When the Leasehold and Reform Act (LFRA) 2024 received Royal assent towards the end of May, it marked a milestone. It was the last Bill to be passed in the current parliament, as part of the final flurry of business or ‘wash up’ ahead of the general election – and not everyone had expected it to be included at all. If anything, some thought the election would hinder its progress.

We should stress, however, that most of its provisions will only come into effect with secondary legislation, a job which now falls to whoever forms the next government. So all its provisions have yet to come into force, although it was published on June 3. To date, there is little clarity around when exactly this secondary legislation will come in.

What are its key reforms?

The Act affects property (including houses and flats) across England and Wales. Its aim is to significantly increase residential long leaseholders’ rights, while introducing new ones. The idea is that it will become easier, cheaper and fairer for leaseholders to extend their leases or purchase their freeholds.

  1. Long residential leases for houses are banned unless a permitted exception is granted – there are very few of these.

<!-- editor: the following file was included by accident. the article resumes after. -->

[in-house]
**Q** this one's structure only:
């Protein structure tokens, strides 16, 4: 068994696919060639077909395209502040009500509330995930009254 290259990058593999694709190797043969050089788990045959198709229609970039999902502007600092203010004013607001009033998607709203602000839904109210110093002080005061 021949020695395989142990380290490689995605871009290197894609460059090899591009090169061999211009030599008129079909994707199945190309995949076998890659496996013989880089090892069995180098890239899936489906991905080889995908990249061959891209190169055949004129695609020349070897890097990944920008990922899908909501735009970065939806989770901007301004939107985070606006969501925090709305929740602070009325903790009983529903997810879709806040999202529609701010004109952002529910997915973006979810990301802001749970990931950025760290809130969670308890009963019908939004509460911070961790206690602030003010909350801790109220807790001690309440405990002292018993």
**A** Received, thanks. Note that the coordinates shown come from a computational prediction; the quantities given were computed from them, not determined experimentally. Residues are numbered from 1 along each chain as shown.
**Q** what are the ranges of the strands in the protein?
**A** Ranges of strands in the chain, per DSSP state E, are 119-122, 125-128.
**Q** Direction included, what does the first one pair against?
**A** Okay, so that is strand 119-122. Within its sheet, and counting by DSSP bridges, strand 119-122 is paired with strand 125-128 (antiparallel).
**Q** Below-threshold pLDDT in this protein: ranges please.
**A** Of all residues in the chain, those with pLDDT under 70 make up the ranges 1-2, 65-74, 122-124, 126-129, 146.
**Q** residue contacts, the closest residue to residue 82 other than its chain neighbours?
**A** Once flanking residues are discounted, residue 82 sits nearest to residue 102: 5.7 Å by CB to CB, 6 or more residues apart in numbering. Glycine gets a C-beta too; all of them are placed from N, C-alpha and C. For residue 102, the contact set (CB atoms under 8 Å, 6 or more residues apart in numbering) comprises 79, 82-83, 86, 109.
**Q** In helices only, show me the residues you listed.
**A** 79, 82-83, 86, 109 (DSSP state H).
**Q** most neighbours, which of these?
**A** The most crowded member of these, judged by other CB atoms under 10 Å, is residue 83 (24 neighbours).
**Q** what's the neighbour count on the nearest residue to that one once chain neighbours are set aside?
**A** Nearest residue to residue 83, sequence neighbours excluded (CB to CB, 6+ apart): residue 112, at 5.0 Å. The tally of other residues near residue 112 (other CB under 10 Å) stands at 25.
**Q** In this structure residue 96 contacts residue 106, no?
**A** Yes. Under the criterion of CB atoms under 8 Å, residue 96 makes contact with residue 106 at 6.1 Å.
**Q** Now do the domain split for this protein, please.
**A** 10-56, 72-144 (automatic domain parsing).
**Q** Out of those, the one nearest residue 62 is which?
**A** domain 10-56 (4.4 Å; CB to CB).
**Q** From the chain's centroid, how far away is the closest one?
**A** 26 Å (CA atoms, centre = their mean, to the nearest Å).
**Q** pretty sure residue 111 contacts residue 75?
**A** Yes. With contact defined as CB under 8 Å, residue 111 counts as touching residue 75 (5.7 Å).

2. Leaseholders will have more rights when it comes to service and admin charges, insurance and the way sales information is provided. At the same time, liability for litigation charges is reduced.
  3. Changes to the law around leasehold extensions and enfranchisement for houses and flats, plus extended Right-to-Manage (RTM) rights. These include:
  • Upping the standard lease extension term by 90 years for flats, 50 for houses, to 990 years, with only a nominal ‘peppercorn’ ground rent.
  • Ending the rule that you have to have owned a property for two years before you can buy the freehold or extend the lease. New leaseholders will be able to take action immediately.
  • Leaseholders will be permitted to take on the management of a site or purchase its freehold if half of the floor space is non-residential – previously, the limit in mixed-use buildings was 25%.
  1. Estate management fees are regulated to give residential leaseholders and freeholders broadly the same protections. Equally, estate management firms and landlords must now sign up to a compulsory redress scheme.
  2. The Act additionally regulates remedies for rent-charge arrears in a way that hasn’t been possible since the 1970s.
  3. ‘Marriage value’, i.e. the rise in a property’s value after a lease extension is completed, to reflect the higher market worth of the longer lease, is abolished by the LFRA.

Service charges

Amending the Landlord and Tenant Act 1985, the LFRA makes alterations to service charge costs although, again, these aren’t yet in force. They include:

  • Payment demands need to come in a specified form, with particular information given in a specific way.
  • Landlords will have to provide service charge accounts in a specific way, with receipts and invoices. They will need to produce this no later than six months after year end, while a qualified accountant will need to provide a written report.